It was 11p when I came up in the World Trade Center’s soaring atrium and asked a guard for the nearest public phone. I dialed the number PD had given me via email and got him after a couple of rings. There was clearly audible activity in the background (of the sort I recognized from watching Insex Livefeeds) and I suddenly felt very privileged. Where others had to upload their interaction using kludgey dial-up connections, I was on the Batphone. PD was enthused for my call and suggested that I come immediately to the studio. It was, he said, just across the river. With a feeling of regret (that has only grown over the years) I begged off. Finding my friends’ apartment in the mid-night abandoned lower reaches of Manhattan would be about as much as I thought I could handle – more subways, more rivers, Brooklyn, of all places… when I had left New York in the mid 80s, nice people did not venture into Brooklyn in broad daylight, much less in the middle of the night.

I got directions on the F line out to York Street for the following day. PD and I determined to meet at the highly unreasonable hour of 9a, for he would have a shoot to prepare for in the afternoon. We would have breakfast, talk money, look at figures.

When finally I bedded down on my friend’s creaky vinyl couch at midnight my last thoughts were of my due diligence and whether I’d be able to write the check the next day if I were sufficiently convinced. Did I have enough ready capital for the percentage I needed in order to make it worth getting involved? I knew from my own participation in Livefeeds that Insex had a big, rabidly active following, and that what they were doing was revolutionary (pornographically, erotically and even sociologically). I imagined membership in the hundreds, monthly cash flow to be in the tens of thousands and margins to be pretty healthy. What sort of financials was it reasonable to request of a porn operator if you’re thinking of investing in their operation?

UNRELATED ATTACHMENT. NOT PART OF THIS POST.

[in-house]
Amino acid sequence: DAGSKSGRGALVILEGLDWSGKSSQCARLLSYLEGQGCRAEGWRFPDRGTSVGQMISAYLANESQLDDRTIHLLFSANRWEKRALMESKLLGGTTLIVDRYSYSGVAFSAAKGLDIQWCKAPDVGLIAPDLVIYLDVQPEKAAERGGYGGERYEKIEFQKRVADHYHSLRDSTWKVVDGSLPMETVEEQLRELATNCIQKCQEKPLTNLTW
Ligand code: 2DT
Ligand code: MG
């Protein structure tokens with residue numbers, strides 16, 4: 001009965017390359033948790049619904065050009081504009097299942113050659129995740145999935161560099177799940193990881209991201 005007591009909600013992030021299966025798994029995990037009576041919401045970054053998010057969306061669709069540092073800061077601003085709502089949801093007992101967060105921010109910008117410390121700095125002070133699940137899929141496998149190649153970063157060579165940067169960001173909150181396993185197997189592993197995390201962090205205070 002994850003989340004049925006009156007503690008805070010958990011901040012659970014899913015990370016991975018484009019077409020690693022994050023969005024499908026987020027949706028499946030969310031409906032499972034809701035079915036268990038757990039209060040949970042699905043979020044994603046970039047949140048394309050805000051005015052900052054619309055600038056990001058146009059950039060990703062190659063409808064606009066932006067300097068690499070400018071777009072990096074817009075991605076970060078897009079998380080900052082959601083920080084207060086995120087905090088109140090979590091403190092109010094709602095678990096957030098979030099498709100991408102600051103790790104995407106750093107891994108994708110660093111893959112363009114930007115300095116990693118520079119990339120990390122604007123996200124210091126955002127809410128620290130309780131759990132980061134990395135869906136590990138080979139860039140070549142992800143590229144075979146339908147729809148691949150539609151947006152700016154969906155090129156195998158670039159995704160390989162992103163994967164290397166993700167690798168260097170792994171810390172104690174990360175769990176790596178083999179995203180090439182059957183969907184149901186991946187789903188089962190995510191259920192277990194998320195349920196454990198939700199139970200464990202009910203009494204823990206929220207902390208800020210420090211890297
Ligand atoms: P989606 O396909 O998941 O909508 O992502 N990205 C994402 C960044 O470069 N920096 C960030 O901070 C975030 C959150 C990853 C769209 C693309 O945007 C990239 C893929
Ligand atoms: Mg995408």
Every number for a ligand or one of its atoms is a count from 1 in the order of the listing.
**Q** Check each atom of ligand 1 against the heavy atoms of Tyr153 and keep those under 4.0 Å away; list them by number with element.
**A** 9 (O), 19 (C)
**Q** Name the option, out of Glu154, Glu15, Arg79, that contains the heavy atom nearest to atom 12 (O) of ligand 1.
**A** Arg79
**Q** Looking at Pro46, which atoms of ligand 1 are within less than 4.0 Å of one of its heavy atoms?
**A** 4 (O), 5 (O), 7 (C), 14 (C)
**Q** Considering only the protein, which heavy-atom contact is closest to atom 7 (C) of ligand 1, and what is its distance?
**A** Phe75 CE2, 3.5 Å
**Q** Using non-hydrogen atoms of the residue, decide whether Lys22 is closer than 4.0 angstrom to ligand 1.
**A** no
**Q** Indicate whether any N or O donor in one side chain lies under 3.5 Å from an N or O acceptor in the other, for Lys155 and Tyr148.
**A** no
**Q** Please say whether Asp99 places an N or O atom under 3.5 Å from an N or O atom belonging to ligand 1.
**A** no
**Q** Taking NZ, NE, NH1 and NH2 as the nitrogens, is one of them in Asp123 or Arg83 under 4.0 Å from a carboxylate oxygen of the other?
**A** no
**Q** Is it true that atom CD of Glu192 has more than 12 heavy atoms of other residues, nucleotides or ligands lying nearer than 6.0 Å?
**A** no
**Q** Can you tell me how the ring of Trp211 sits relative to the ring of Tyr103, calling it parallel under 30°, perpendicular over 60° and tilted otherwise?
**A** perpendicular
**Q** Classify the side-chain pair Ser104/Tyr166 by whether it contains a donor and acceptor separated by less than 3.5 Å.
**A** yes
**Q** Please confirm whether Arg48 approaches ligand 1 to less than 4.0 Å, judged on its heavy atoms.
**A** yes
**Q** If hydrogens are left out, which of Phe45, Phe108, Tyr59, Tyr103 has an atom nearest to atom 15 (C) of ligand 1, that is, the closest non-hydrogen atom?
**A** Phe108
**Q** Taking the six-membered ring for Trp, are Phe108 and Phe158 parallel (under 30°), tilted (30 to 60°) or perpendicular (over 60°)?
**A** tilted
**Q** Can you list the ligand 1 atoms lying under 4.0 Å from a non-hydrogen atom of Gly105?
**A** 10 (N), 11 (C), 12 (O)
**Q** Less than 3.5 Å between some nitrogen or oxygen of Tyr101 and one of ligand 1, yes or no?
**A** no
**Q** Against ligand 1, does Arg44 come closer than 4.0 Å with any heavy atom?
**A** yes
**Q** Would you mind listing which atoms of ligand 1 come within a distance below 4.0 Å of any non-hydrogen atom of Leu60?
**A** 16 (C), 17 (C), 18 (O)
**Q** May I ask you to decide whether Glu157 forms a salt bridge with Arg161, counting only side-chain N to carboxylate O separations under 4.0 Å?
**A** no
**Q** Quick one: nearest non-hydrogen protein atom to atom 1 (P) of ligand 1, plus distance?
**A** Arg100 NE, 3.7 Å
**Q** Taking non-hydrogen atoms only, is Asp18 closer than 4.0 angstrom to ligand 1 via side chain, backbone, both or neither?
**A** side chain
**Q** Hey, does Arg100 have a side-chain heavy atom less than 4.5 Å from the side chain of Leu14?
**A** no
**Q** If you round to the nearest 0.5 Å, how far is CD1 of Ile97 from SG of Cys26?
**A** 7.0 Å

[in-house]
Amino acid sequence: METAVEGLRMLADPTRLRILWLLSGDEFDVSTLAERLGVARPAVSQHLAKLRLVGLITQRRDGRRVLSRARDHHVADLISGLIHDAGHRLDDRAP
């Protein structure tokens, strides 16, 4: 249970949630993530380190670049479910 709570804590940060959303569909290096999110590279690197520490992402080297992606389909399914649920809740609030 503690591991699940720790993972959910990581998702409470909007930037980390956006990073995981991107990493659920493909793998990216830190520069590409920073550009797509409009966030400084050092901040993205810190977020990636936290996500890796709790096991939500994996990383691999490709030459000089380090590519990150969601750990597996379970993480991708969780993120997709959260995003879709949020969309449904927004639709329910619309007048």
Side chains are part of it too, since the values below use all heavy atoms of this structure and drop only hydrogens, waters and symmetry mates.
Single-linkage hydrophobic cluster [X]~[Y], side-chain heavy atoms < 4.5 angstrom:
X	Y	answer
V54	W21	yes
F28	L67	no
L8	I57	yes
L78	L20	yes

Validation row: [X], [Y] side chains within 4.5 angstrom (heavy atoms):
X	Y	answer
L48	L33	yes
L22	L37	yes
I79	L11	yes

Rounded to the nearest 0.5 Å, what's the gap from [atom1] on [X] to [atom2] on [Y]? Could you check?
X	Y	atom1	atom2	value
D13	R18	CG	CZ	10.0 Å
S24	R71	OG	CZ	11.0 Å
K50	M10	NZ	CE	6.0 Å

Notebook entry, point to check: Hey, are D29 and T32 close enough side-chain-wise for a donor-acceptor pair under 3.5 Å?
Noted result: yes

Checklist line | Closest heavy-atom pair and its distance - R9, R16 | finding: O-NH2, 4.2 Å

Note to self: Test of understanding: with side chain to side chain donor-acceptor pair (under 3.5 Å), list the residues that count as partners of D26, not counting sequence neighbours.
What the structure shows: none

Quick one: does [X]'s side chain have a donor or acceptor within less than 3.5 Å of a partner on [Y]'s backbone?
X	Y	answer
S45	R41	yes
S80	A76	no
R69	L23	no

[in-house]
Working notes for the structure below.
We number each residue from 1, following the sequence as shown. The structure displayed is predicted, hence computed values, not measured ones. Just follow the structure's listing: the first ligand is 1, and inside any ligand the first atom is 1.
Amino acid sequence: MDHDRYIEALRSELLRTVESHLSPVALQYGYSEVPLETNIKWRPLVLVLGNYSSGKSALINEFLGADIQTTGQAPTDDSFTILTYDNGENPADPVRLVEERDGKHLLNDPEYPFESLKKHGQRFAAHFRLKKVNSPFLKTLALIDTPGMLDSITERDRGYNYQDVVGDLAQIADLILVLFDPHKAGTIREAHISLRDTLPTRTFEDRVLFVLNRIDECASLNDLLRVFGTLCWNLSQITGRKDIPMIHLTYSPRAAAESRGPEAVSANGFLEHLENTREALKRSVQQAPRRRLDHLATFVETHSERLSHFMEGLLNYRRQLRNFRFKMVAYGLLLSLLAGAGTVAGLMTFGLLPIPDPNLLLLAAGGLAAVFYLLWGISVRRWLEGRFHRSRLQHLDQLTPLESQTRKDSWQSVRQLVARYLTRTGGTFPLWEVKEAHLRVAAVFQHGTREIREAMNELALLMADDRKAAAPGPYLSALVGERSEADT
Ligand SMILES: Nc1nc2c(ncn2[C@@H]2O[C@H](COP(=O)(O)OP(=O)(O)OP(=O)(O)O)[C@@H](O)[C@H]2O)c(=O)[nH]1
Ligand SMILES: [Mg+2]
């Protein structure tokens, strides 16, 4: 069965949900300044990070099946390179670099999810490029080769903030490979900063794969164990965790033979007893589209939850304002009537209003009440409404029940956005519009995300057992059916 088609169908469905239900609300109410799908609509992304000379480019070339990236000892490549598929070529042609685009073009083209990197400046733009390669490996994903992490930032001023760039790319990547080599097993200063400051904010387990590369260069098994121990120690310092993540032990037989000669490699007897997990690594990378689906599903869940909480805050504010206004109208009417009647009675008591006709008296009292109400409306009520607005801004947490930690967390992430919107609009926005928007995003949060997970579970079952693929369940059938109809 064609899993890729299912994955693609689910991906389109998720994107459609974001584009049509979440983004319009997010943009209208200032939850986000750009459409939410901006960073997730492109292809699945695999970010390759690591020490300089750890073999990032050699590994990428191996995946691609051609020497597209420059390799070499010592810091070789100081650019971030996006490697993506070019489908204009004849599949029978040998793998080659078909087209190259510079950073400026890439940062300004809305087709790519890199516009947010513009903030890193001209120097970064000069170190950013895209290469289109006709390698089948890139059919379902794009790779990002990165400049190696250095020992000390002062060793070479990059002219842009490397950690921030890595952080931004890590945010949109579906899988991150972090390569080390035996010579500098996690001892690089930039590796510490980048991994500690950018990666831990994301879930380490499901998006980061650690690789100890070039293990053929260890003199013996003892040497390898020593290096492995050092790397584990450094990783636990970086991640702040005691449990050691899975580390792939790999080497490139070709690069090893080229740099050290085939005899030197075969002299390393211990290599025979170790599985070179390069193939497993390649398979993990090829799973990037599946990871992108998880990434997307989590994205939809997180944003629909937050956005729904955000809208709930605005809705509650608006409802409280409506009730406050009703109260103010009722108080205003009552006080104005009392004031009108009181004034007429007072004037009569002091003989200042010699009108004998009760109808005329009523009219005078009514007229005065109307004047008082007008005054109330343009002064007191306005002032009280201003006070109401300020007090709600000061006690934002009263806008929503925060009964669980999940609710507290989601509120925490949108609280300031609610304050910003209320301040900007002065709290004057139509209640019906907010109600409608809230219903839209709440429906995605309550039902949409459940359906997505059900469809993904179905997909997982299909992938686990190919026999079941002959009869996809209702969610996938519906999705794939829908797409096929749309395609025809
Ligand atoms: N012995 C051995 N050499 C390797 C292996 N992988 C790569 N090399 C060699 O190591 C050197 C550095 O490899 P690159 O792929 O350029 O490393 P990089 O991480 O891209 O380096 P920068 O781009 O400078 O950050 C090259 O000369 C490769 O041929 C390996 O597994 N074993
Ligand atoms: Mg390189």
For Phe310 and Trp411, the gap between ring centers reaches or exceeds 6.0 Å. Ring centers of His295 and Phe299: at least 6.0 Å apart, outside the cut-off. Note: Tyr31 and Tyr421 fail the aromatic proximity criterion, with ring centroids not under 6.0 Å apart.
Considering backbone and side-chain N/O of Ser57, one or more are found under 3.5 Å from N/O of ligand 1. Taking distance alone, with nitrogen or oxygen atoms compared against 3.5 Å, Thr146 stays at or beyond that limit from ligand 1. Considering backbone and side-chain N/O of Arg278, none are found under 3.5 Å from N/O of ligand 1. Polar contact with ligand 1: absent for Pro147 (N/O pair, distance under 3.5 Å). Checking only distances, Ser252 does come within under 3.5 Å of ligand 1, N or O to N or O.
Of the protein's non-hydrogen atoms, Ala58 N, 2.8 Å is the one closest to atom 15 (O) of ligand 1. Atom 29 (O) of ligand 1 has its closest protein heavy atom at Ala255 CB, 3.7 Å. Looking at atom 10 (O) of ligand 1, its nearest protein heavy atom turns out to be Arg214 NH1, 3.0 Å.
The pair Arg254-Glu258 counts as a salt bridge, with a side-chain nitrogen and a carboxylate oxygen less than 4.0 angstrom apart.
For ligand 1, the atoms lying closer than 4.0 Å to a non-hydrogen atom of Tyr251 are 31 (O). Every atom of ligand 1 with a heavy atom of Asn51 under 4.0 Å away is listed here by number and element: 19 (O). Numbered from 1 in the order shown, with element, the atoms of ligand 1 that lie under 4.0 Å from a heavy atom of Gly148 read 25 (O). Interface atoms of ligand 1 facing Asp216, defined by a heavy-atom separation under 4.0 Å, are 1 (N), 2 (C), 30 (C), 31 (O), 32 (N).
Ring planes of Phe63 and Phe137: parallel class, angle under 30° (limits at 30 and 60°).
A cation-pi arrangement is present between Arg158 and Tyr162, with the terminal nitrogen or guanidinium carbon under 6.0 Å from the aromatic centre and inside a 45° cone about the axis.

I came above ground at York Street and marveled at the weight of the Manhattan Bridge over my head, turned right and followed the span down into the then still disreputable district called Dumbo. I was just a bit early and so I walked around the giant, sagging warehouse where I was to seek out the Big Worm Productions buzzer, once, that is, I had found the main entrance. There were innumerable decrepit steel doors girded round the building, none of them marked or particularly distinguishable as a main entrance. As I passed by one with more than its fair share of band stickers a woman emerged from behind the battered metal and I ducked in behind her. I clambered my way first over bags of garbage and then up several flights of a decaying stairwell to where a small paper sign with “BWP-Intersec” scrawled on it marked the landing I wanted and pointed me around the peripheral hall to a corner door. I buzzed, waited, buzzed again, heard some shuffling and was presently greeted by a bespectacled, berobed and bed-faced visage I took a moment to recognize.

“Mac! You’re early, fucker.”